• Here I have used my Mama’s jabłecznik  recipe for the cake.
  • The filling has to be cold so you can make it the night before.

Ingredients – Filling

  • 4 Bramley apples
  • Juice and zest of 1 orange
  • 2-3 tablespoons of granulated sugar
  • 30g butter
  • 1 teaspoon of freshly grated nutmeg
  • 3 eggs yolks

Method – Filling

  • Peel, core and slice the apples
  • Place the apples in a saucepan with the sugar, zest and juice of the orange.
  • Cook until the apples are soft.
  • Add the grated nutmeg.
  • Take off the heat and add the butter.
  • When cold add the egg yolks and mix  well.

Ingredients – Cake

  • 300g plain flour
  • 3 teaspoons of baking powder
  • 200g butter
  • 75g granulated sugar
  • 1 egg yolk (save the white for the topping)
  • Juice of 1 lemon and 3-5 tablespoons of cold water
  • *
  • Sprinkle of granulated sugar for the top of the cake


  • You need a round tin with a loose base or a spring form tin or you will not be able to get the cake out.
  • I always use an anodised aluminium tin, 22cm in diameter and 8 cm deep, which does not rust.
  • Grease the tin well.
  • Rub the butter into the flour to make fine crumbs and add the sugar.
  • Add the egg yolk and the lemon juice and enough water to make a soft “dough” (try not to add more flour),  handle it as little as possible.
  • Leave it to chill for about ½ an hour as this makes it easier to handle.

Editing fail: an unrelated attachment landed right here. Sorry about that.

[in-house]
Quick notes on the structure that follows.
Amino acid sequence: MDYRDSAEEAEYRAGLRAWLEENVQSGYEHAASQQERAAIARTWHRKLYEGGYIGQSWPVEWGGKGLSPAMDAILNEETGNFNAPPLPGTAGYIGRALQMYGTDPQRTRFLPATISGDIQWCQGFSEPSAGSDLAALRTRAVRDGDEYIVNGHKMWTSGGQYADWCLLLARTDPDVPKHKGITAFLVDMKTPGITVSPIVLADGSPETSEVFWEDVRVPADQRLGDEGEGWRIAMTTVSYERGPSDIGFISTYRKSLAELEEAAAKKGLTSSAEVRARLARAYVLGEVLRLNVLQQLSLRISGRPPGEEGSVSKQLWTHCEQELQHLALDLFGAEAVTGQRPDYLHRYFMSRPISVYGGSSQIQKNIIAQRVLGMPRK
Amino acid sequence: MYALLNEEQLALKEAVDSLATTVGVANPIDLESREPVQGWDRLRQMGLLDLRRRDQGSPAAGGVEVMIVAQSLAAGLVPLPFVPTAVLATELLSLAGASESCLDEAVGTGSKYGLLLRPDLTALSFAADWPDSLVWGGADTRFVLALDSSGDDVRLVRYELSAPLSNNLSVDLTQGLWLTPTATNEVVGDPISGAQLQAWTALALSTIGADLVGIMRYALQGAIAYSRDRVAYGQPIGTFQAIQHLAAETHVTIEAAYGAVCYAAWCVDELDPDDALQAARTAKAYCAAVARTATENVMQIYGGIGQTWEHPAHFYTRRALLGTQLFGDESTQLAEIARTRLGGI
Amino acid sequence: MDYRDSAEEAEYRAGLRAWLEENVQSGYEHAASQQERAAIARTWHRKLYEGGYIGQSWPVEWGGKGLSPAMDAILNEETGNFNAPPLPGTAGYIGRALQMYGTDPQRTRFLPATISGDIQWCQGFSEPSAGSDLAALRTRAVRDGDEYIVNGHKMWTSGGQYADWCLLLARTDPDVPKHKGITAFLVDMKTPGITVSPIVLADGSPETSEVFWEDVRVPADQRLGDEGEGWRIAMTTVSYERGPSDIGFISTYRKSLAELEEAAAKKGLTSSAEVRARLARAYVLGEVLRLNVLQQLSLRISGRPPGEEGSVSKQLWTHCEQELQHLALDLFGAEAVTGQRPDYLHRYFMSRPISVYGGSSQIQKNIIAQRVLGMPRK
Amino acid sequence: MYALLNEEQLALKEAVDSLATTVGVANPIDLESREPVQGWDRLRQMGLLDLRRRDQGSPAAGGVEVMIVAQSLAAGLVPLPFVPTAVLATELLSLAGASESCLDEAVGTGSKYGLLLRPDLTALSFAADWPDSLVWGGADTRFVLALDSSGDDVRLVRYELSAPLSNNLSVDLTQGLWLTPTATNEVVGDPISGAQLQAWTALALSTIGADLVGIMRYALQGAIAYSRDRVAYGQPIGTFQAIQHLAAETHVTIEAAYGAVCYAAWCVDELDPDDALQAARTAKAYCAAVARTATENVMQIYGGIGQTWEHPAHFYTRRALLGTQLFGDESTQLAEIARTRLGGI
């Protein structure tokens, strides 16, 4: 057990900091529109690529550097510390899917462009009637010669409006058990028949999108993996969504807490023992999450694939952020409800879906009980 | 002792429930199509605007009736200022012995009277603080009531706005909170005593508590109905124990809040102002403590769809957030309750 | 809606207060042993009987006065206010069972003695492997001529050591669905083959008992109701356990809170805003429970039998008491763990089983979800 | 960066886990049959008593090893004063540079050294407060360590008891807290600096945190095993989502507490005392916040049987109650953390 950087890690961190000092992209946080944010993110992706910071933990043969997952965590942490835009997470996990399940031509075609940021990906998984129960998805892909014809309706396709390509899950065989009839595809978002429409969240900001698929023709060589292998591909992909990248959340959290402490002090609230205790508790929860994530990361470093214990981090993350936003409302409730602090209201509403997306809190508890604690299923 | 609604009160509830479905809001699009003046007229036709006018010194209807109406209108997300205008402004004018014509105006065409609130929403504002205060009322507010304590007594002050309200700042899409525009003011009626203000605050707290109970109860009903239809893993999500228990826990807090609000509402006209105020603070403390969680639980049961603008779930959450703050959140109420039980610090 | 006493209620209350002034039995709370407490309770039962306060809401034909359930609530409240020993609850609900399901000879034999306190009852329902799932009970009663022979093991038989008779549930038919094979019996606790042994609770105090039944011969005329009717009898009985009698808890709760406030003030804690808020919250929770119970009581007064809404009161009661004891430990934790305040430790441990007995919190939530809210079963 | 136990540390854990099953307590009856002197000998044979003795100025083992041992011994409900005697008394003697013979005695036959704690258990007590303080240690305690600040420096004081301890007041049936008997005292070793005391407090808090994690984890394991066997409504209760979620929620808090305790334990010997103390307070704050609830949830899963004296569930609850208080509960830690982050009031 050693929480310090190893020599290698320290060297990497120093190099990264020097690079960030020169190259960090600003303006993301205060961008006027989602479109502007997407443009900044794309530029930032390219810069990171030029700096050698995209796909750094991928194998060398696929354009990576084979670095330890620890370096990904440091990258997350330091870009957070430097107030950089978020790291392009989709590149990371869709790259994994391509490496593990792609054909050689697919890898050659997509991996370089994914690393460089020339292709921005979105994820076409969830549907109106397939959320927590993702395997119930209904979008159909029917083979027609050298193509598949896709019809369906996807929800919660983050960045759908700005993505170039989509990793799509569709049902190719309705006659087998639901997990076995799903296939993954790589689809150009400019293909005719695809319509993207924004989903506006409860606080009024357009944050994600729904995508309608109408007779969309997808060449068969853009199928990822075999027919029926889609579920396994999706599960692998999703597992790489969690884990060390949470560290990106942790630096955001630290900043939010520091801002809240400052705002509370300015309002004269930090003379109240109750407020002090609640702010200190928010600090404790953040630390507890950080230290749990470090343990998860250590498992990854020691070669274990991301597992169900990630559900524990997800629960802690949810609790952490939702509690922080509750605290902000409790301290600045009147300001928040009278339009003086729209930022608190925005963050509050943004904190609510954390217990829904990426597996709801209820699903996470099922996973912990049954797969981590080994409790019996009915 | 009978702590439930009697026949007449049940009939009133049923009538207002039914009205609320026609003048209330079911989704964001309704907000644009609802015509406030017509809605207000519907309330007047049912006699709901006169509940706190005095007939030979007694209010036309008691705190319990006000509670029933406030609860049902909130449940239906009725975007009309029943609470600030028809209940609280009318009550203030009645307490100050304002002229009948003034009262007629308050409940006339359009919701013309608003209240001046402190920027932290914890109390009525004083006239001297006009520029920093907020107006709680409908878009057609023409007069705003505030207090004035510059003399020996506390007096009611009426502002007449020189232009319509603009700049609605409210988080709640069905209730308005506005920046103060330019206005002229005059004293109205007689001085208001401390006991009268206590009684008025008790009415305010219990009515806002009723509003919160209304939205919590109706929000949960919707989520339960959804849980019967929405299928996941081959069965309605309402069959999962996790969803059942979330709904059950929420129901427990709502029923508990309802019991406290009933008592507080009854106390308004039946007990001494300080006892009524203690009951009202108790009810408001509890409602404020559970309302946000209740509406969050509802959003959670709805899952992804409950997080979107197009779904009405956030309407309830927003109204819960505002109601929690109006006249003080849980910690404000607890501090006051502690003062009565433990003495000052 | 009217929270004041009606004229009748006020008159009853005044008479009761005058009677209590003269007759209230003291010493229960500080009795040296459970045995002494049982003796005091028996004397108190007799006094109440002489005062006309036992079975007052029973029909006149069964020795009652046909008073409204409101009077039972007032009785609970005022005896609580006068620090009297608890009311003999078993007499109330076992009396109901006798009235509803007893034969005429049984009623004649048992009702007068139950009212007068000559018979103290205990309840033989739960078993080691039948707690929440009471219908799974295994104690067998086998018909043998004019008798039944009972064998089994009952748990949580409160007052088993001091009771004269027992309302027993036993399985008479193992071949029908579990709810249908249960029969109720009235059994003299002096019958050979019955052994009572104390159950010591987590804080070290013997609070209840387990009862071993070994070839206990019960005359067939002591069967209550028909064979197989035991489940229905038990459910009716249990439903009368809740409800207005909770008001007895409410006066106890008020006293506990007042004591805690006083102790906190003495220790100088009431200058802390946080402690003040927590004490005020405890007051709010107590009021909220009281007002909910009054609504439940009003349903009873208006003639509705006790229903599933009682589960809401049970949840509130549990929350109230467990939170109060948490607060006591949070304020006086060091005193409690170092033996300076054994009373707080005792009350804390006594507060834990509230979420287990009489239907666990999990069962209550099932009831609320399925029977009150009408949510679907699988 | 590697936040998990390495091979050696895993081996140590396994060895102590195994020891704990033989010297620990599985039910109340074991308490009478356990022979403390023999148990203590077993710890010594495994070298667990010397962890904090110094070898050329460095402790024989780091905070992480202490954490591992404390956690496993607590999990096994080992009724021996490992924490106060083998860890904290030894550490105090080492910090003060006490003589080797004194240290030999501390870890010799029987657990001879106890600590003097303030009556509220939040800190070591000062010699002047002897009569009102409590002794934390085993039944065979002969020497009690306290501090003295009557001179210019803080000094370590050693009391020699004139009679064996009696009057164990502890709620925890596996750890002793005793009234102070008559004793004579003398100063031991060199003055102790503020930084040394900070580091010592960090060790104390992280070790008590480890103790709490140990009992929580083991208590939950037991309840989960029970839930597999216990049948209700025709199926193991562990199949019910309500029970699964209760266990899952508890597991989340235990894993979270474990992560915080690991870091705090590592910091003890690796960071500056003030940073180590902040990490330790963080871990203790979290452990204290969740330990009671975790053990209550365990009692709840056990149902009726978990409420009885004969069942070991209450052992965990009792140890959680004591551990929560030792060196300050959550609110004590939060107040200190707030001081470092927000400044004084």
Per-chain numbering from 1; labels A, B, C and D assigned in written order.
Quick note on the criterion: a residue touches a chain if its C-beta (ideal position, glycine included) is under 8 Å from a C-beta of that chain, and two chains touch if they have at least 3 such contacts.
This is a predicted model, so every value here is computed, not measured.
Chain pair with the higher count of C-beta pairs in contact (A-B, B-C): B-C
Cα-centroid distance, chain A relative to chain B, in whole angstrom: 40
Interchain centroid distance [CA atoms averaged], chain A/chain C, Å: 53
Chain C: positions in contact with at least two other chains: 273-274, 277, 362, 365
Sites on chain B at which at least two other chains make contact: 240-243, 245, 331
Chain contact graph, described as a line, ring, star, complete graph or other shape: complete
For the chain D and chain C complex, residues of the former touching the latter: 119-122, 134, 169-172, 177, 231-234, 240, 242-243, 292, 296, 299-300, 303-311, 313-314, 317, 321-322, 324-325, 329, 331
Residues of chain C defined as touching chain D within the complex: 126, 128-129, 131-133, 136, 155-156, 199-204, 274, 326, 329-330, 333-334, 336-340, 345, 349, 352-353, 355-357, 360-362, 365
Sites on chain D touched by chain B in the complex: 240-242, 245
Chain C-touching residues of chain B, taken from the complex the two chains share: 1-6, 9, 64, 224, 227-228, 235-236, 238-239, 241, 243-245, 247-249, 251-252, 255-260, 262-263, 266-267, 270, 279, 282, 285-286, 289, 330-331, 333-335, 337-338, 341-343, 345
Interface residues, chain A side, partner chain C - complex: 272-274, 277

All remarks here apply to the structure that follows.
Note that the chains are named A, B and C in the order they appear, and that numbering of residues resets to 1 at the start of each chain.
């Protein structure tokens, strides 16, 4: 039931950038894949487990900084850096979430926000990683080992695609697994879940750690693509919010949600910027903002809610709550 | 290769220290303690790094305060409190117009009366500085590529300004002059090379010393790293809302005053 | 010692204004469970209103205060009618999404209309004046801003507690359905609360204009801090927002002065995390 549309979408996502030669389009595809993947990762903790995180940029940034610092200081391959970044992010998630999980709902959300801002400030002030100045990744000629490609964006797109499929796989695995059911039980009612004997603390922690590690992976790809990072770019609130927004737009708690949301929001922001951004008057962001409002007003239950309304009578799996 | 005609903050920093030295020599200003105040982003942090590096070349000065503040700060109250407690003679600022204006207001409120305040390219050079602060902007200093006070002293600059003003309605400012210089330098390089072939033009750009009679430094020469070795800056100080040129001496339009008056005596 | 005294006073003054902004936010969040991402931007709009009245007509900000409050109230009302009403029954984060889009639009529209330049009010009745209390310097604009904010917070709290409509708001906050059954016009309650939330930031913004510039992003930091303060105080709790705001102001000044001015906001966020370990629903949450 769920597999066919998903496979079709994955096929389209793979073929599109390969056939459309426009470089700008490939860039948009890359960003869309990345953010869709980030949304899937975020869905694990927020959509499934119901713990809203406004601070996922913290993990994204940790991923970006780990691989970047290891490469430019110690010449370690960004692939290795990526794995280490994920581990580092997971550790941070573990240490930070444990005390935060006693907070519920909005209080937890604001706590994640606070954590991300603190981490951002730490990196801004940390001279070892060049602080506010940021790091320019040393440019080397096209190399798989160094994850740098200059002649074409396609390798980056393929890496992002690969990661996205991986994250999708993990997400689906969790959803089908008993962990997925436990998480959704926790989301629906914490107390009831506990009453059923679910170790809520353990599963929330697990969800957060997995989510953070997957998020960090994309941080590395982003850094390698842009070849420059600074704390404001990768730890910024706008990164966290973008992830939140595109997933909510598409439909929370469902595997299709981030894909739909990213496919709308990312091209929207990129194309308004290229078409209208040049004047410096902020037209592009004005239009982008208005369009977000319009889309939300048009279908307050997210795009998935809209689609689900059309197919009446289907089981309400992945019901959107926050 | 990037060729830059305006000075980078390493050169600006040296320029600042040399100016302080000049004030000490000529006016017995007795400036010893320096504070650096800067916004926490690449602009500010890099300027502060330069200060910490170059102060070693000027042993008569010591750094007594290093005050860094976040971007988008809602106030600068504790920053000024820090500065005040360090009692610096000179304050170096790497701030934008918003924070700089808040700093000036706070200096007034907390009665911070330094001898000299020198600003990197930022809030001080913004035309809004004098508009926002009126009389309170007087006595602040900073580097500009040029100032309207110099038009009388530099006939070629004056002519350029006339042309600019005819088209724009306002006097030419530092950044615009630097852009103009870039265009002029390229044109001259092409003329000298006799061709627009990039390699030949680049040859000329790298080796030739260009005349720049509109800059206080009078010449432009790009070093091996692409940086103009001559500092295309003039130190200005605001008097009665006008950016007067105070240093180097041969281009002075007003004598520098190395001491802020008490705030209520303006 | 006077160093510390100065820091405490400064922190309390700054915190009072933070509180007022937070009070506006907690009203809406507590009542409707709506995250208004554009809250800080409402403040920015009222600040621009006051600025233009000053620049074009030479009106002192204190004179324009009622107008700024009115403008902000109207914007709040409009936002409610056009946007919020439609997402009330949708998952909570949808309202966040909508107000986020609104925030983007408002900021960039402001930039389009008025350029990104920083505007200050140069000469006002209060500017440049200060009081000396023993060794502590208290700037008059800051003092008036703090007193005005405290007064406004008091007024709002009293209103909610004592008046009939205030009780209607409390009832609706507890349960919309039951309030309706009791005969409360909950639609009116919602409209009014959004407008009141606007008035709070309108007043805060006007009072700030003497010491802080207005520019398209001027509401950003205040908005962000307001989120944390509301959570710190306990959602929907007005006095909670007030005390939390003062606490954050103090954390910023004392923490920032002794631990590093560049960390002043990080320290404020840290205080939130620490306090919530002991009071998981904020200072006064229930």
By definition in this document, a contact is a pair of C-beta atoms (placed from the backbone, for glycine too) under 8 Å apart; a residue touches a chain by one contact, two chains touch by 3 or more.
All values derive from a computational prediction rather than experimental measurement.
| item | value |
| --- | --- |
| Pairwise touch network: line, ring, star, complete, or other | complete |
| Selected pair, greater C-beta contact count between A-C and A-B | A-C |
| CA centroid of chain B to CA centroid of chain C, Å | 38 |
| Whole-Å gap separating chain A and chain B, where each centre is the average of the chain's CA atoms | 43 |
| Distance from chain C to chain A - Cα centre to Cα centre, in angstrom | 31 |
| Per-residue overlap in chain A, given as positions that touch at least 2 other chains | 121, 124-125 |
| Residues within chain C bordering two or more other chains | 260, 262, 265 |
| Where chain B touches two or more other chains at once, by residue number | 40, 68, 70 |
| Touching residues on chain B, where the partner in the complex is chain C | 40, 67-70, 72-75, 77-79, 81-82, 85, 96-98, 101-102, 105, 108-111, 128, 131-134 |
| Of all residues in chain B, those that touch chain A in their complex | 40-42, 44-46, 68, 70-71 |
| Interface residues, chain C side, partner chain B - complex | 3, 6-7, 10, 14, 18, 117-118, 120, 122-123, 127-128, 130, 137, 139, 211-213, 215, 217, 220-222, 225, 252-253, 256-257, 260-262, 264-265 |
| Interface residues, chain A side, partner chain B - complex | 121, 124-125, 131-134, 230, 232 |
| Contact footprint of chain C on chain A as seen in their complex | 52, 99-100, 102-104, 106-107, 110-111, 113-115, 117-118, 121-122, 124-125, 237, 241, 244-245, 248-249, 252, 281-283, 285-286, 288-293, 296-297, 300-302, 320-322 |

• *
  • Pre heat the oven to GM5 – 190oC.
  • Take slightly more than half the dough and press it into the cake tin.
  • Add the apple filling on top.
  • The rest of the dough will go on top of the apple mixture.
  • I use a rolling pin to make a circle that is smaller than the tin diameter and then place this on top.
  • Do not worry if the dough falls apart, just place it on with the breaks nearly touching.
  • Brush with beaten egg white.
  • Sprinkle the sugar on top.
  • Bake for around 50 minutes to 1 hour.
  • Leave to cool in the tin.
  • Tea Plate – Bramble Rose by Duchess from the 1960s.


  • These are sauerkraut pancakes or fritters.
  • I found this recipe from Southern Poland recently and thought they sound like “cousins” of:
  • Kotlety with cabbage
  • Kotlety with sauerkraut
  • Kartoflane placki 
  • Vegetable fritters
  • So I had to give them a try.
  • They are super!
  • They will be added to my list of best recipes to be made often.
  • They are best eaten “fresh from the pan”
  • But you can keep them warm in a low oven.


  • 300g sauerkraut
  • 1 onion
  • 150g white or spelt flour
  • 200ml of milk
  • 2 eggs
  • ½ teaspoon salt
  • pepper to taste
  • *
  • Sunflower oil to fry
  • *
  • Flaked salt to serve with
  • Sour cream  or a garlic mayonnaise/yoghurt dip
  • Good with fried eggs and bacon


  • Drain the sauerkraut and place in a clean tea towel and squeeze out any excess liquid.
  • Chop it finely.
  • Finely chop the onion.
  • Whisk the milk and eggs, then slowly start adding the flour.
  • Add the sauerkraut and onion and mix well.